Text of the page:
Constitutional theories about the role of government, as they developed in the seventeenth and eighteenth centuries, contrasted models of government in which the king had absolute discretion to do in any matter whatever he wished, with models in which the king, and everybody else, was required to obey the law. Every citizen should be treated equally and fairly, according to mutually understood laws. All should be equal under the law. The government must act according to commonly accepted standards.

The word arbitrary was increasingly used to mean the exercise of power contrary to law and/or custom. Broadly the US placed most emphasis on law and the British Empire most emphasis on custom, but both were held in contrast to the absolute right of government to do as it thought best. The US Declaration of Independence, the English Bill of Rights and the Bonfire Prayers recited by the Church of England on the anniversary of the Gunpowder Plot (and landing of William III), all use arbitrary in the sense of uncontrolled power.

It is this sense of things happening in a way not governed by law, custom or principle which corresponds to the use of arbitrary today in the sense of purely random, that is not in accordance with any discernible rationale.

The Cambridge dictionary includes a definition of arbitrary as

based on chance rather than being planned or based on reason.

and gives an example

Did you have a reason for choosing your destination or was it arbitrary?

Here the word arbitrary mean without reason of any kind.

Longmans's dictionary includes the following example

This effectively enables the Home Office to make arbitrary decisions, deporting people as they see fit, without any independent inquiry.

Here the Home Office (a UK government department) is said to be able to deport people as they see fit - that is not according to any publically accepted criteria, but as they see fit, which is to say that they have their own criteria. This does not mean they are random, but we do not know why they deport one person and choose to overlook another.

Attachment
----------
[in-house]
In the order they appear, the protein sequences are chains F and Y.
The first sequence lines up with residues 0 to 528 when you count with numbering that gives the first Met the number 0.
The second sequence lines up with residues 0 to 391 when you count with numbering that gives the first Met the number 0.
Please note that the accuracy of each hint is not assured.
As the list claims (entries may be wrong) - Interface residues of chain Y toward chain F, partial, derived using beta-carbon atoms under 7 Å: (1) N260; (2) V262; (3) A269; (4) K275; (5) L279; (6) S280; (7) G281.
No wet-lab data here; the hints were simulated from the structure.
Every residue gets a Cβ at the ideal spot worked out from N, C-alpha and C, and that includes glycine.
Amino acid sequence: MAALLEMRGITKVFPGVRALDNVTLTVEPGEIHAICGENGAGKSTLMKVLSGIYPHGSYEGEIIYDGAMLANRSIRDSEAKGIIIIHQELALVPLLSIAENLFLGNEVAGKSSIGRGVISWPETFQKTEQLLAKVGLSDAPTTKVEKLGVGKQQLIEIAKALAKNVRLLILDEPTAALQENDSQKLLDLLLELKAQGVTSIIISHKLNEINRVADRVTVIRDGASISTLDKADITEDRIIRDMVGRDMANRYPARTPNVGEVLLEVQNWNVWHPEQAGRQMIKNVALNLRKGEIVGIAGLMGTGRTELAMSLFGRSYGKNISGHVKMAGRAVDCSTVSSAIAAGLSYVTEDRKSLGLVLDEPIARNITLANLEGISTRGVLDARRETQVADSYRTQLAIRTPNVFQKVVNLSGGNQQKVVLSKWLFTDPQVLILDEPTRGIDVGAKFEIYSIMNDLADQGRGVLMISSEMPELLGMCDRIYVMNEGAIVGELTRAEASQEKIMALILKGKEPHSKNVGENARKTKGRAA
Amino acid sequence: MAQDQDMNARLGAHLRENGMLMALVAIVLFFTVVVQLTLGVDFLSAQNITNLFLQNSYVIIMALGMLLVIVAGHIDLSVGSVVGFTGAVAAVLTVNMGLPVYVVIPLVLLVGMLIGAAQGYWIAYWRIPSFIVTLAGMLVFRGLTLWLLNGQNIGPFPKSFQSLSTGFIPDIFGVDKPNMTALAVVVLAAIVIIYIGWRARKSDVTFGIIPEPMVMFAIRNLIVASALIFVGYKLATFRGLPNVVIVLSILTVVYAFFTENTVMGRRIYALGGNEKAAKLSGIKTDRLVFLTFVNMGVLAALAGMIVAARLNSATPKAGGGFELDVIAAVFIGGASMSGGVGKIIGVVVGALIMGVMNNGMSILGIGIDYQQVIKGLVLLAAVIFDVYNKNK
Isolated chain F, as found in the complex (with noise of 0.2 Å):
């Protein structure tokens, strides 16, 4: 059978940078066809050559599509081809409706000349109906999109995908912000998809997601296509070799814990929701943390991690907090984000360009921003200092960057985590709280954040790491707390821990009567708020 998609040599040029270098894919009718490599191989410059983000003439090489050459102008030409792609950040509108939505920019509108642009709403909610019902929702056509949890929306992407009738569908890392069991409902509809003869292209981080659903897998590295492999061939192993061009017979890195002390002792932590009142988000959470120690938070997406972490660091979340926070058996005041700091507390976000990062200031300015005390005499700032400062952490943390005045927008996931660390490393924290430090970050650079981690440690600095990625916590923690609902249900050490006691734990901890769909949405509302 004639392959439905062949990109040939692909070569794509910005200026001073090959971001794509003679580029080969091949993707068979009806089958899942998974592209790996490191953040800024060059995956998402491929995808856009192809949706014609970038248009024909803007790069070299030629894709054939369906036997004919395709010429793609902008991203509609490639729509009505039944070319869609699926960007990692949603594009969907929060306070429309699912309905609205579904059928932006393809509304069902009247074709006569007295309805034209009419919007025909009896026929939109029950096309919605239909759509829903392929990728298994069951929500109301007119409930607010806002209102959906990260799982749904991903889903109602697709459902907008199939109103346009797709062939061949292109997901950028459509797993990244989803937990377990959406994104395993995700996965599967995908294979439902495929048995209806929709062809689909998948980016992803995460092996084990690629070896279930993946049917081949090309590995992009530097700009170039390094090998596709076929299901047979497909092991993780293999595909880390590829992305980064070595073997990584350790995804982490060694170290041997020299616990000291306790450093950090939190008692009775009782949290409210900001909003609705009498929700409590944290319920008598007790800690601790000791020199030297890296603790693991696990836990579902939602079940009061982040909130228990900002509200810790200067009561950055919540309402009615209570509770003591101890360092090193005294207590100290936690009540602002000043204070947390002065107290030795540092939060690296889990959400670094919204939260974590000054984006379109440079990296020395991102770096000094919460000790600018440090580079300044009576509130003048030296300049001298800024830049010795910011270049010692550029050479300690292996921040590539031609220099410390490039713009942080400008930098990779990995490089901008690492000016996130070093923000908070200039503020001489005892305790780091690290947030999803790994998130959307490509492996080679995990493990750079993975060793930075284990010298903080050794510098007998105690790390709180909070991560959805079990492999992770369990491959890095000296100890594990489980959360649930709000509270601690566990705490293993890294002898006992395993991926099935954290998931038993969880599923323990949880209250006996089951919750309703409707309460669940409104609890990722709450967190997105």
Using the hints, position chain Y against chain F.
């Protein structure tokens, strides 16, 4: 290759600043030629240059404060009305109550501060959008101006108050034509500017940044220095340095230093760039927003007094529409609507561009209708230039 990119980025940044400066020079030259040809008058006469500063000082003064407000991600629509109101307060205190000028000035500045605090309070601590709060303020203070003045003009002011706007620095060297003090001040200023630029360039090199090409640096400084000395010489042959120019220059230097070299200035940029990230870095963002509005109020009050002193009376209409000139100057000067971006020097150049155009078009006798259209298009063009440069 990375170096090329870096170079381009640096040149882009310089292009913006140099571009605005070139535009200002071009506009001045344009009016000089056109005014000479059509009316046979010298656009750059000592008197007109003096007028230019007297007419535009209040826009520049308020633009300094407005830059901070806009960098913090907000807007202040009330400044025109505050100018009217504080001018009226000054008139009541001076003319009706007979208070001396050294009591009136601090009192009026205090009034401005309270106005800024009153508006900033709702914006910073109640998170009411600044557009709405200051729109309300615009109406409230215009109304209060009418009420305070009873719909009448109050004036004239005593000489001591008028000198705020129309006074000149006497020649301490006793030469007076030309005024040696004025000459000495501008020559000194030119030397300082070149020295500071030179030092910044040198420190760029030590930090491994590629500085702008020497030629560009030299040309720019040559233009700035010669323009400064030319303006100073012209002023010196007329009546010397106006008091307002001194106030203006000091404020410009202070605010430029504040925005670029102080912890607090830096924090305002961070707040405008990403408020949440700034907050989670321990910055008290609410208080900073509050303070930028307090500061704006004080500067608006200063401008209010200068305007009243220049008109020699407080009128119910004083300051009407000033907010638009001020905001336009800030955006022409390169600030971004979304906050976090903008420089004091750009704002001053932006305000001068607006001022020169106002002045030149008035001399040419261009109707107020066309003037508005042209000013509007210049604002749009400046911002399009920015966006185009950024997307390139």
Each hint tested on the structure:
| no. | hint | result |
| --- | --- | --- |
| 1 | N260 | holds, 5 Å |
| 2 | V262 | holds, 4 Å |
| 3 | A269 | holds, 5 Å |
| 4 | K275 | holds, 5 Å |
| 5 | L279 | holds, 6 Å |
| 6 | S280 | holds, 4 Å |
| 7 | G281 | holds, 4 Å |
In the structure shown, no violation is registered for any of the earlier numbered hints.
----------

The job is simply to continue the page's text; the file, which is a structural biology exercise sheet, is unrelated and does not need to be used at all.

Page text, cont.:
If a company decides to make some of its staff redundant and, as a matter of fact, all the ones made redundant are over 55, then the management may claim that the decision was purely arbitrary. It is purely by random chance that the people made redundant all happen to be over 55. However they might well be accused of making an arbitrary decision, a decision intentionally flouting discrimination laws and the norms of society. In this scenario arbitrary is the opposite of arbitrary.

Your friend's decision to oppose some people joining the game, and allow others may not be based on any accepted principle or custom. In that case he is acting as something of an autocrat, decreeing who he will or will not play with. His proposal of no two people in the same workplace could be described as arbitrary in the sense it does not derive from any accepted principle or custom, but merely from his own discretion. It does not appear to be purely ransom though, he seems to have his own reasons which may be to maximise his chances of winning by not allowing in people who know each other well, and encouraging in those who don't. He is arbitrarily using his influence, but he is not making arbitrary decisions in the sense of random decisions.

Of course I am not attempting to arbitrate as to whether your friend's non-random strategy to increase his chances of winning by making discretionary decisions is, or is not, an arbitrary abuse of his influence. It is, after all, a game of Diplomacy you are arranging.